03 June 2013

Public Lecture by Prof. Marc Caplan, Johns Hopkins University, USA.


Education and Initiation in the Novels of the Yiddish Haskole (Enlightenment) and Islamic Negritude

Speaker: Marc Caplan; Zelda and Myer Tandetnik Professor of Yiddish Literature, Language, and Culture; Department of German and Romance Languages; Johns Hopkins University, USA.

Bio: Marc Caplan is a native of Louisiana and a graduate of Yale University. In 2003 he completed a PhD in comparative literature at New York University, submitting a dissertation comparing the origins of modern narrative forms in 19th century Yiddish and post-colonial African literature. Thereafter he held visiting positions at Indiana University, the University of Pennsylvania, and Harvard University, before joining the faculty at the Johns Hopkins University as the first recipient of the Zelda and Myer Tandetnik Professorship in Yiddish Literature, Language, and Culture in 2006. In 2011 he published How Strange the Change: Language, Temporality, and Narrative Form in Peripheral Modernisms with Stanford University Press. Currently he is at work on a book project comparing Yiddish modernism in Weimar Berlin with contemporaneous trends in German critical theory, literature, and popular culture, focusing primarily on theories of language and allegory proposed by Walter Benjamin.

Abstract: This lecture will examine the literatures of ostensibly marginal modern cultures as a conceptual and historical key to understanding aesthetic modernism. Professor Caplan will compare nineteenth-century Yiddish literature and twentiethcentury Francophone African literature, finding unexpected similarities between them. These literatures were created under imperial regimes that brought with them processes of modernization that were already well advanced elsewhere. Yiddish and African writers reacted to the liberating potential of modernity and the burdens of imperial authority by choosing similar narrative genres, typically reminiscent of early-modern European literatures: the picaresque, the pseudo-autobiography, satire, and the Bildungsroman. Both display analogous anxieties toward language, caught as they were between imperial, "global" languages and stigmatized native vernaculars, and between traditions of writing and orality. Professor Caplan will demonstrate that these literatures' "belated" relationship to modernization suggests their potential to anticipate subsequent crises in the modernity and post-modernity of metropolitan cultures. The conflicts between tradition and modernity—expressed in both contexts as a competition between initiation and education of young people—results in a literature that provides a critique of modernity even at the outset of the modernization process.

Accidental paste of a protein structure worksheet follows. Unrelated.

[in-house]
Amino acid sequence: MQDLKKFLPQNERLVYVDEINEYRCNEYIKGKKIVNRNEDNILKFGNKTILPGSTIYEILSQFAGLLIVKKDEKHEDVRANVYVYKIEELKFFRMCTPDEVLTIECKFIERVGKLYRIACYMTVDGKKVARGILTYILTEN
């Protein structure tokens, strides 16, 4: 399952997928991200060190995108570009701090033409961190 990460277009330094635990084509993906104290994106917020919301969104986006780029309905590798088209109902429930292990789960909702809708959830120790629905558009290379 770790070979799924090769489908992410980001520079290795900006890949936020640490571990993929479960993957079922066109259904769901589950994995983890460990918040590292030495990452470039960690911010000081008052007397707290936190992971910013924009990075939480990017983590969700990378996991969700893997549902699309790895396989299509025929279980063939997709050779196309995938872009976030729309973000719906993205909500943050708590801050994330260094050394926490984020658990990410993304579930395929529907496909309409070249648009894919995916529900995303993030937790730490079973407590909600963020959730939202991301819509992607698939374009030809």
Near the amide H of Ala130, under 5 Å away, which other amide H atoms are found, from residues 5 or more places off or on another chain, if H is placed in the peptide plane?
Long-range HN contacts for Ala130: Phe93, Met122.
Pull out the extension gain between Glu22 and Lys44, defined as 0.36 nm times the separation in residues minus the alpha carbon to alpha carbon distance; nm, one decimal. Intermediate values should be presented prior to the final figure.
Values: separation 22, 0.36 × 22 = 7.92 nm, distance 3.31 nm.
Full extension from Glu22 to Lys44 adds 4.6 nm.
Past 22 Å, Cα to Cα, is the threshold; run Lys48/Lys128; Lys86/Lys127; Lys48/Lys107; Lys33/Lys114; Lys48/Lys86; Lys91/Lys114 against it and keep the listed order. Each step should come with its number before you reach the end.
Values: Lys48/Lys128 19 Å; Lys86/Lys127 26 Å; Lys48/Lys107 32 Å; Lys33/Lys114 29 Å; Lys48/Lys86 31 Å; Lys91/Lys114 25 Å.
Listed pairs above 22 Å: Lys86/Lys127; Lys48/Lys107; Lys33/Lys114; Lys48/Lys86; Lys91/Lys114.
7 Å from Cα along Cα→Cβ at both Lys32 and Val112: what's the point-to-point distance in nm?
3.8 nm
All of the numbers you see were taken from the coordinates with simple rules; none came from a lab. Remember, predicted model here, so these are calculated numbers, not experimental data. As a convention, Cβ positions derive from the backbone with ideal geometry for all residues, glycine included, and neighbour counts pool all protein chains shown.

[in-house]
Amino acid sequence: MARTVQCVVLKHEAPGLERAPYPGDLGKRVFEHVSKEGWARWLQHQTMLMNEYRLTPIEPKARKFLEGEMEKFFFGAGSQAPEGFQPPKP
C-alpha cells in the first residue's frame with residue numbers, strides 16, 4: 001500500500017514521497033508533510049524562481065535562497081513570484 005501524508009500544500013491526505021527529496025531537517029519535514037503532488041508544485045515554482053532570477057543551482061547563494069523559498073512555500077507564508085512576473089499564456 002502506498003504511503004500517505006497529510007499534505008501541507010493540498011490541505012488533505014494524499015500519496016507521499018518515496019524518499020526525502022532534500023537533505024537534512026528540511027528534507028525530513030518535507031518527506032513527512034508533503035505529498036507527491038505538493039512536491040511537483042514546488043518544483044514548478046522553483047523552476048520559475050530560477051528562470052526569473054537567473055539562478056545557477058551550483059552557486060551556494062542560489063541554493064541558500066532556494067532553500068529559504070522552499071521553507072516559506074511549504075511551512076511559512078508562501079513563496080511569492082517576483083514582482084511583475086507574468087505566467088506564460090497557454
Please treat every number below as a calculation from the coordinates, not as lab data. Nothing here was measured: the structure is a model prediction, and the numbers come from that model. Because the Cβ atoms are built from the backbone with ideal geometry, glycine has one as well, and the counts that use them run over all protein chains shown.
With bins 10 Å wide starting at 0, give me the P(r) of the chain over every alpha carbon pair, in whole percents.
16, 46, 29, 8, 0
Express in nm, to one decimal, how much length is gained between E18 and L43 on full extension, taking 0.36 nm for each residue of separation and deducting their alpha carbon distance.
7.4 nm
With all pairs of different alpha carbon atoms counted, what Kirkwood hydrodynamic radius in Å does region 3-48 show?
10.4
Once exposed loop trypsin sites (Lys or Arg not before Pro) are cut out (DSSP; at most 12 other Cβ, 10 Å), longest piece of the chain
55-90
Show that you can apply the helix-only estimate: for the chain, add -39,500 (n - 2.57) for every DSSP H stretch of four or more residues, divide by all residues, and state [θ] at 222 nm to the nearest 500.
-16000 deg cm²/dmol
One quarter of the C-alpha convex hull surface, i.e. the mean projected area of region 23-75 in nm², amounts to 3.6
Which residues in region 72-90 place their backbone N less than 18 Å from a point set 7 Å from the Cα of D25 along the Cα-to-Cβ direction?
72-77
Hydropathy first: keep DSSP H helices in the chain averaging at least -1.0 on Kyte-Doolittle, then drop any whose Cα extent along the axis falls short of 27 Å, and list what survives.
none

Date      Wednesday 12th June 2013        
Time      5:30 until 7:00pm             
Venue    Bank West Lecture Theatre in building 200A, Curtin University, Kent Street, Bentley 
RSVP     To HUM-ResearchEvents@curtin.edu.au by 7th June 2013          
Catering               Food and Drinks will be provided             
Parking                 Visitor parking is available in car park D3